Longitudinal deprivation trajectories and risk of cardiovascular disease in New Zealand


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Abstract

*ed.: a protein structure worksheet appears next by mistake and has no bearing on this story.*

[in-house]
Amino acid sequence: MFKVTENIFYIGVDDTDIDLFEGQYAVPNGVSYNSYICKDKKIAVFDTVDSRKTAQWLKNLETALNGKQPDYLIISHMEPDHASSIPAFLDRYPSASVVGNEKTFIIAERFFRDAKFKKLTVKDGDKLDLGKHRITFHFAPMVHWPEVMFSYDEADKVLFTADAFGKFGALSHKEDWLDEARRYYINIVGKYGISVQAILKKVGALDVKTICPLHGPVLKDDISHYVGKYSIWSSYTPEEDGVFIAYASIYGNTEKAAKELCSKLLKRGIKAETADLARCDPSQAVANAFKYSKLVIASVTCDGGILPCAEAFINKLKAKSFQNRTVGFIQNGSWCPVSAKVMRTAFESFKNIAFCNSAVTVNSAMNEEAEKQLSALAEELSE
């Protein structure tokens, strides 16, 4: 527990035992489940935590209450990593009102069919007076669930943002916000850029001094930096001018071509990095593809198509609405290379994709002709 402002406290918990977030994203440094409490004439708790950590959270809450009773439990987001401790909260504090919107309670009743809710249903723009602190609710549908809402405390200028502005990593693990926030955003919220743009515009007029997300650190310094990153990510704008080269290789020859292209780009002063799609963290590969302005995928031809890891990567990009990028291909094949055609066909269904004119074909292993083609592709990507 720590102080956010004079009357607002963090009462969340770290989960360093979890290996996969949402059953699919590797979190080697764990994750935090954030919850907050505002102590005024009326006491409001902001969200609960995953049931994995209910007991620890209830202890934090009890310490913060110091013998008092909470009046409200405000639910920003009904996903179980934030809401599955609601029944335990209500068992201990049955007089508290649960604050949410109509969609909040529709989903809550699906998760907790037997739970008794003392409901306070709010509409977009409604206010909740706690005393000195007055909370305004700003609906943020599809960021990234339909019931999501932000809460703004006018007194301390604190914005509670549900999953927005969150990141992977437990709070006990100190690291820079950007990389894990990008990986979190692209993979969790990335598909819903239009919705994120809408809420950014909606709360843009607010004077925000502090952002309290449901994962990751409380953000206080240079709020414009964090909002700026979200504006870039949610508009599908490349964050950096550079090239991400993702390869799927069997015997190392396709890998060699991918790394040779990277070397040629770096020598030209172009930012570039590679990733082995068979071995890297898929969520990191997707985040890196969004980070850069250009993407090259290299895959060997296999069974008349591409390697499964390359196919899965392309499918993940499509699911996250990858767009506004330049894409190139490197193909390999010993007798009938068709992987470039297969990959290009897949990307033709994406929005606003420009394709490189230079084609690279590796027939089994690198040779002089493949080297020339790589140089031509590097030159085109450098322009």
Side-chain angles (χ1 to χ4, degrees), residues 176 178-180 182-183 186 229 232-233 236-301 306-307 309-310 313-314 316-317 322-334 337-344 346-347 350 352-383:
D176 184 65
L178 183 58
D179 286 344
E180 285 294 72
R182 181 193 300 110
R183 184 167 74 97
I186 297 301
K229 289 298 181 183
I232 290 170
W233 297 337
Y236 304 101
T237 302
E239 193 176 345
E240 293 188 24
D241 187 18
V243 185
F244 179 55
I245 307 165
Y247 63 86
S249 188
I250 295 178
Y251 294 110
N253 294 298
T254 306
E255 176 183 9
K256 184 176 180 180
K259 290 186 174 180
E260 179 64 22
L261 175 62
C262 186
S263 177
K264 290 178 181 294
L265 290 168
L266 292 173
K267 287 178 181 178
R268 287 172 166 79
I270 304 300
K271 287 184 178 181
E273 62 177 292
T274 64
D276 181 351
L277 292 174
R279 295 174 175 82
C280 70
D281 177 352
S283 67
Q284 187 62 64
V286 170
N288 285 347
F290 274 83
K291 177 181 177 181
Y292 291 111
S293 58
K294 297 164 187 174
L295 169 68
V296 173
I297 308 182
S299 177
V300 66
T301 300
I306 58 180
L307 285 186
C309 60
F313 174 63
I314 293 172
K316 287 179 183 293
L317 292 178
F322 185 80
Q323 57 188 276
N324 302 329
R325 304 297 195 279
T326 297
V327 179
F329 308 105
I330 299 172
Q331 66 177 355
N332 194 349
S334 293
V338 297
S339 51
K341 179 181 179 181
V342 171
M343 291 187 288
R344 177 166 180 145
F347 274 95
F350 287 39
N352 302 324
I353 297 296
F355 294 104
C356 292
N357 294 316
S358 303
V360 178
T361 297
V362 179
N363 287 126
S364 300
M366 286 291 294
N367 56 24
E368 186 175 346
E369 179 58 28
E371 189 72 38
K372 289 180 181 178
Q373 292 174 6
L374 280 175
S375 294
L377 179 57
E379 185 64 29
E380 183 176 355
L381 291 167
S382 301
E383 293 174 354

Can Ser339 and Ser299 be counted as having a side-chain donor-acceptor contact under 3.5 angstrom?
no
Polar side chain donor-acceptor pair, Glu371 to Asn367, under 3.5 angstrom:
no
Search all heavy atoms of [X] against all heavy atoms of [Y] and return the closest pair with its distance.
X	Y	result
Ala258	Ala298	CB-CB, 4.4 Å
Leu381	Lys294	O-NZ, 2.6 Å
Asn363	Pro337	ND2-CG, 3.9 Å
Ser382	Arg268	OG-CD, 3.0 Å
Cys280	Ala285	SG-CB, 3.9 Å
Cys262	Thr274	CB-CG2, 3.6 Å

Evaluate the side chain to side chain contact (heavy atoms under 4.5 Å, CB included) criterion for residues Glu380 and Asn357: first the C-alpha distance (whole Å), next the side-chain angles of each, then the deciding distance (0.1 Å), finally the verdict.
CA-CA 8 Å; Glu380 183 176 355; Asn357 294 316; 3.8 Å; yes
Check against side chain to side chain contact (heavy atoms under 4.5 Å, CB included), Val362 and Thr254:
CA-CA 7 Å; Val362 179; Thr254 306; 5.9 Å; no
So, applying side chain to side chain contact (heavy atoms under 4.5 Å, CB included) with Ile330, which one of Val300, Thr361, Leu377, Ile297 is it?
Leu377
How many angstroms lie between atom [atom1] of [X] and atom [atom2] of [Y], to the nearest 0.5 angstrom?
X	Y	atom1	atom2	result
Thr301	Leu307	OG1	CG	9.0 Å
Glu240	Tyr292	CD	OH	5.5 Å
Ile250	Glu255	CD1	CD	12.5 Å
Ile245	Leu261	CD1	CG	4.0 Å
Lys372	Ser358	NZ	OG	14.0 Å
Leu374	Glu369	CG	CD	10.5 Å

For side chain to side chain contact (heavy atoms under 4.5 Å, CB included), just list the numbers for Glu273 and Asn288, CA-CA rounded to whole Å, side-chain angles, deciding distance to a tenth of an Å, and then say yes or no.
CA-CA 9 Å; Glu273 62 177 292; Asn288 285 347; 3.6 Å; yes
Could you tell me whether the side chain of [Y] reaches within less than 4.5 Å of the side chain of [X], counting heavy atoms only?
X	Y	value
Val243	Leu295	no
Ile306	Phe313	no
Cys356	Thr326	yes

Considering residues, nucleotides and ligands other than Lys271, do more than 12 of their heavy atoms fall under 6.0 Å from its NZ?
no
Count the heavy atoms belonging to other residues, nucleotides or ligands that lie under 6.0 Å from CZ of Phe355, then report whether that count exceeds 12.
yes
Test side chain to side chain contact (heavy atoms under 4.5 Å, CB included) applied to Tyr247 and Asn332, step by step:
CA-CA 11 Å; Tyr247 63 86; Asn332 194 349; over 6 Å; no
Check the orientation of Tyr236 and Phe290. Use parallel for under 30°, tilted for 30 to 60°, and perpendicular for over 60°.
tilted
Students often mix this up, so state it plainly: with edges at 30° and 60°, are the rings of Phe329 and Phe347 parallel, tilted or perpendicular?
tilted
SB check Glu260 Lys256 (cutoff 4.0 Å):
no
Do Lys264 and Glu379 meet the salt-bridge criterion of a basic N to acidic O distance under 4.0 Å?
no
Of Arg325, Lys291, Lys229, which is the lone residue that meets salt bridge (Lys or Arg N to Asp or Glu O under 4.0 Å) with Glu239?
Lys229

We used longitudinal information on area deprivation status to explore the relationship between residential-deprivation mobility and Cardiovascular Disease (CVD). Data from 2,418,397 individuals who were: enrolled in any Primary Health Organisation within New Zealand (NZ) during at least 1 of 34 calendar quarters between 1st January 2006 and 30th June 2014; aged between 30 and 84 years (inclusive) at the start of the study period; had no prior history of CVD; and had recorded address information were analysed. Including a novel trajectory analysis, our findings suggest that movers are healthier than stayers. The deprivation characteristics of the move have a larger impact on the relative risk of CVD for younger movers than for older movers. For older movers any kind of move is associated with a decreased risk of CVD.HIGHLIGHTSAnalysed longitudinal linked anonymised records covering 94% of NZ's adult population.Applied trajectory analysis to analyse patterns of residential deprivation-mobility.On aggregate stayers in deprived areas had the highest risk of a CVD event.There is a moderating effect of age on the relationship between residential deprivation-mobility and CVD.

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